Basketball Preview: Virginia Tech at #20 FSU

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Tonight Virginia Tech will go on the road to face the hottest team in the ACC.  #20 Florida State has won eight of their last nine games, and they are poised to make the NCAA Tournament for the fourth consecutive season.

FSU is 17-7 overall, with an 8-2 mark in conference play.  The Noles have frustrated their fans this year, with losses to Harvard and Princeton, as well as ACC bottom feeders Boston College and Clemson.  However, they’ve also beaten UNC and Duke.  Their current 8-1 streak got started in Blacksburg back on January 10, with the Noles picking up a 63-59 win.

Since then, the Noles have ripped off wins against UNC and Duke, and also beaten Maryland, Wake, Georgia Tech, Virginia and Miami.  Their only loss in the last nine games was a shocking 64-60 upset at the hands of a very bad Boston College team, in Chestnut Hill.

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That’s Leonard Hamilton’s starting lineup, and his starting lineups have been very similar throughout his tenure.  He likes a long, lengthy team that plays tough team defense, with a frontline that protects the front of the rim.

Before we take a closer look at Hamilton’s team, let’s take a closer look at Hamilton himself.  So far his career at Florida State is going exactly like his career at Miami.  From 1991-2000 he was the head coach of the Canes, with two NIT’s and no NCAA Tournaments in his first six years as head coach.  In his last three years he made the NCAA Tournament three times, including a trip to the Sweet 16 in his final season.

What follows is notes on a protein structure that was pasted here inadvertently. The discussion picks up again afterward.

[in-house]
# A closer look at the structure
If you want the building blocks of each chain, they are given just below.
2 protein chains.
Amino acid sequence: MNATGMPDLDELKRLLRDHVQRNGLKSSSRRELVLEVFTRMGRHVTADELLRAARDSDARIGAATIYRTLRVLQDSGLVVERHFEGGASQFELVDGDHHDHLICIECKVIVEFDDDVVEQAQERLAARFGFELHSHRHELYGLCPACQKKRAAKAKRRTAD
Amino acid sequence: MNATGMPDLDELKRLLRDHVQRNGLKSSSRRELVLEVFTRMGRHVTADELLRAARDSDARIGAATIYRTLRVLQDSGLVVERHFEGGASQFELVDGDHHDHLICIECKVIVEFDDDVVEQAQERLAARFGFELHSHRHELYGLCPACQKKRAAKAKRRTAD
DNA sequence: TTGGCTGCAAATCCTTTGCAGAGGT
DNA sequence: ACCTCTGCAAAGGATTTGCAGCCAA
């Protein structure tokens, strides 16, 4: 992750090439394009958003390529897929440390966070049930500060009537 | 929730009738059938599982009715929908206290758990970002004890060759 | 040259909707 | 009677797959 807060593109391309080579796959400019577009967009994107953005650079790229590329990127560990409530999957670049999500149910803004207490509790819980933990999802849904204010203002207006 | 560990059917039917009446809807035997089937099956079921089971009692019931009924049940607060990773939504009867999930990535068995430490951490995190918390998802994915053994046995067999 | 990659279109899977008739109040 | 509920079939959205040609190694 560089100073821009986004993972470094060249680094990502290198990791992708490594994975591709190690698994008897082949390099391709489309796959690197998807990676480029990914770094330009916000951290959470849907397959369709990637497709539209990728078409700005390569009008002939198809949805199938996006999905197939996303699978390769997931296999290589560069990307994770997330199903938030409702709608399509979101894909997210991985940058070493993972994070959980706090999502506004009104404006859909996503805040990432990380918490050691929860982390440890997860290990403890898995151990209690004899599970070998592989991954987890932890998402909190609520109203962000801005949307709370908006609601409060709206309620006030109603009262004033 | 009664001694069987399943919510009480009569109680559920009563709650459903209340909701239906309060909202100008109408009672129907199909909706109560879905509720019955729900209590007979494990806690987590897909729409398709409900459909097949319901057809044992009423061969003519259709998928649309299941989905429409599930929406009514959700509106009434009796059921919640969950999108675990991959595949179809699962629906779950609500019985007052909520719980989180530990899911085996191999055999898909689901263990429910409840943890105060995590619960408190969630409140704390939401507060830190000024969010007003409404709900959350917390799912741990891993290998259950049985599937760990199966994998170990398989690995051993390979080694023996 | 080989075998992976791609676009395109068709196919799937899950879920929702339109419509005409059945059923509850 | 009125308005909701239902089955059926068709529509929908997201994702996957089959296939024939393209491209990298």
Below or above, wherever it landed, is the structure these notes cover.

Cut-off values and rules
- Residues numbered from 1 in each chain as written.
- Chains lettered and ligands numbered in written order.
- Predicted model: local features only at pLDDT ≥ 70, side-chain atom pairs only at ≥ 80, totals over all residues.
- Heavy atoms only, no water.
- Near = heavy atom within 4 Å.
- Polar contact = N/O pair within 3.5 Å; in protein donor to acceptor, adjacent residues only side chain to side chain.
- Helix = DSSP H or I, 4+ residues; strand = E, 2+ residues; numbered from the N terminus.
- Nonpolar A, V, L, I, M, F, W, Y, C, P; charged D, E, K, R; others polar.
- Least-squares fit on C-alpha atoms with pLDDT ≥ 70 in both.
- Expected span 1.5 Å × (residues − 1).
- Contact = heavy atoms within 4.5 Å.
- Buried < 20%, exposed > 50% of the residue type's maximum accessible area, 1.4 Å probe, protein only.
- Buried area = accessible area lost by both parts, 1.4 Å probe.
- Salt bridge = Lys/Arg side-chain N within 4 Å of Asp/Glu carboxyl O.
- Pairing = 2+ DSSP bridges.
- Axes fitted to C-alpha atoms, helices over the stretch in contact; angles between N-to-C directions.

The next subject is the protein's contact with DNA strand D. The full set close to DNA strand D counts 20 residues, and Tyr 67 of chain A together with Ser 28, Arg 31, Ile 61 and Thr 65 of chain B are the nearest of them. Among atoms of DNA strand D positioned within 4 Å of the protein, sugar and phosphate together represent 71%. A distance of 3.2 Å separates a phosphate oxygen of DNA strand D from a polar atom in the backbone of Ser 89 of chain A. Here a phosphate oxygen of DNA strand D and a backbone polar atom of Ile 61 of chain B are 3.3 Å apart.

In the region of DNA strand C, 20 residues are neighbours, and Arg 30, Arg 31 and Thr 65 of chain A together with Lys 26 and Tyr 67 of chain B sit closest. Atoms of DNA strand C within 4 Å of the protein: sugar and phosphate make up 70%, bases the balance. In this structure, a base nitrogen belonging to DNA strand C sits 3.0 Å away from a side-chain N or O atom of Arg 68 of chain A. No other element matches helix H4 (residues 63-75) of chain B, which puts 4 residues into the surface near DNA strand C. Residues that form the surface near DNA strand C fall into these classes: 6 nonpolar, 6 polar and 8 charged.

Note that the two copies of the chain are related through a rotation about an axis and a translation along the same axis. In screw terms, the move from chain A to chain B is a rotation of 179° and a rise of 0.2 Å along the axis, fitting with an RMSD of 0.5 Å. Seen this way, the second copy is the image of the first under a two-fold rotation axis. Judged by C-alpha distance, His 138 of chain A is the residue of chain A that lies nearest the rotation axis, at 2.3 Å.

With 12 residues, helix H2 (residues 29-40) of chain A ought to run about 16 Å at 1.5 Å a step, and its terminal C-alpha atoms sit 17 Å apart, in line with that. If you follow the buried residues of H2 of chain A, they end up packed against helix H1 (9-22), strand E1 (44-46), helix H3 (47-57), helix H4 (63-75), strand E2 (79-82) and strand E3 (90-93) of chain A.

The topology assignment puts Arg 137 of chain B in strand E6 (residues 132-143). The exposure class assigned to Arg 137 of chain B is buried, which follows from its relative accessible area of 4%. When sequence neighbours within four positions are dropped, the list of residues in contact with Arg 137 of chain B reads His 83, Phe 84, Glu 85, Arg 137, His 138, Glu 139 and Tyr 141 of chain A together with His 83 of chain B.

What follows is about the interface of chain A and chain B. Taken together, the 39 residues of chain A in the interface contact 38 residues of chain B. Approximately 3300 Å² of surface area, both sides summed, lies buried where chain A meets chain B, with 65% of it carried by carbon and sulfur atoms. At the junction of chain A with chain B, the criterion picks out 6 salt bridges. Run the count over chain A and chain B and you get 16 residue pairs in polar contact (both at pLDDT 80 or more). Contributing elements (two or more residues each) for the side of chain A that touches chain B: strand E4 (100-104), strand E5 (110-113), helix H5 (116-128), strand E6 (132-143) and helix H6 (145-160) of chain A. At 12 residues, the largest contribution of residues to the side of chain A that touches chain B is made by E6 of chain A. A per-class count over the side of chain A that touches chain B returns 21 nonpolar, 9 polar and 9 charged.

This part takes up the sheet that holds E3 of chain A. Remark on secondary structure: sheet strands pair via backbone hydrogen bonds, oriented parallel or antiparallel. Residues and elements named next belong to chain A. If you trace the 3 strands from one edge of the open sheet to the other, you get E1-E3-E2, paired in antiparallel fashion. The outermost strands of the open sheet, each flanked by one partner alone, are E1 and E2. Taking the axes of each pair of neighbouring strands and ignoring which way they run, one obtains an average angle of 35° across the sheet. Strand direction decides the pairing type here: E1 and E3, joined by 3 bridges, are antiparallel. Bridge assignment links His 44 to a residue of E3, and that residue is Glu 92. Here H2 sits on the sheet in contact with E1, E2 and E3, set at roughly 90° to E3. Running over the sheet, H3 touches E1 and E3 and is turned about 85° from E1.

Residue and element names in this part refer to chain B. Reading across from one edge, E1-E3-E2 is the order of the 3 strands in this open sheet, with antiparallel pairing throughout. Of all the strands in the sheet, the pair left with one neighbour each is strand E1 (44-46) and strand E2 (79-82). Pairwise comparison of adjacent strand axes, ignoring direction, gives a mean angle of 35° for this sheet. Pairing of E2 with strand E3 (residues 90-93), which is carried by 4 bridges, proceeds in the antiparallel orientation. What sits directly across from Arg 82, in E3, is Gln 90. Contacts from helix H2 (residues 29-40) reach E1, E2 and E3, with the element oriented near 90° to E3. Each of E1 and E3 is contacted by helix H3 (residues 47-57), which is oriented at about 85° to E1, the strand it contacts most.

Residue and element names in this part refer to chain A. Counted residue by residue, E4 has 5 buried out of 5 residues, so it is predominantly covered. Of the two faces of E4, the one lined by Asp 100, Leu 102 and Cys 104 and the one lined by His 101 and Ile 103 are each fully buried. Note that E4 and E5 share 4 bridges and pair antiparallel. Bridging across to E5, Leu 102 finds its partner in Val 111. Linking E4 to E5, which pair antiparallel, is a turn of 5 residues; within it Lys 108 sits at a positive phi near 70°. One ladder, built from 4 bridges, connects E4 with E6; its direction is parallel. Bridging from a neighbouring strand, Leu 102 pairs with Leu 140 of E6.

Fast forward to his tenure at Florida State, from 2002 through the present.  He made four NIT’s and no NCAA Tournaments in his first six years.  In the next three years he made three NCAA Tournaments, including a Sweet 16 last season.  The book on Hamilton is out, apparently.  It takes him six years to build up a program, and then that program becomes a perennial NCAA Tournament team.

Hamilton catches just as much flak about his offense from FSU fans as Seth Greenberg does from Virginia Tech fans.  However, he’s done a great job of recruiting players that fit his defensive style.  The Noles have blocked 145 shots this season, and 15 of those came against Virginia Tech in Blacksburg.  Let’s take a quick look at Florida State’s personnel.

Bernard James: In the first meeting, Bernard James closely resembled Lebron James.  He torched Tech for 18 points, 15 rebounds (including nine offensive boards) and three blocks.  A 26 year old senior who has served his country overseas, James is big, mature, and good.  He presents a very difficult matchup for true sophomore Jarell Eddie, who is playing out of position this season.  James has blocked 52 shots this year.

Xavier Gibson: Florida State’s other frontcourt player, Gibson is tall with a long wingspan, and he protects the front of the rim.  He has 36 blocks on the season.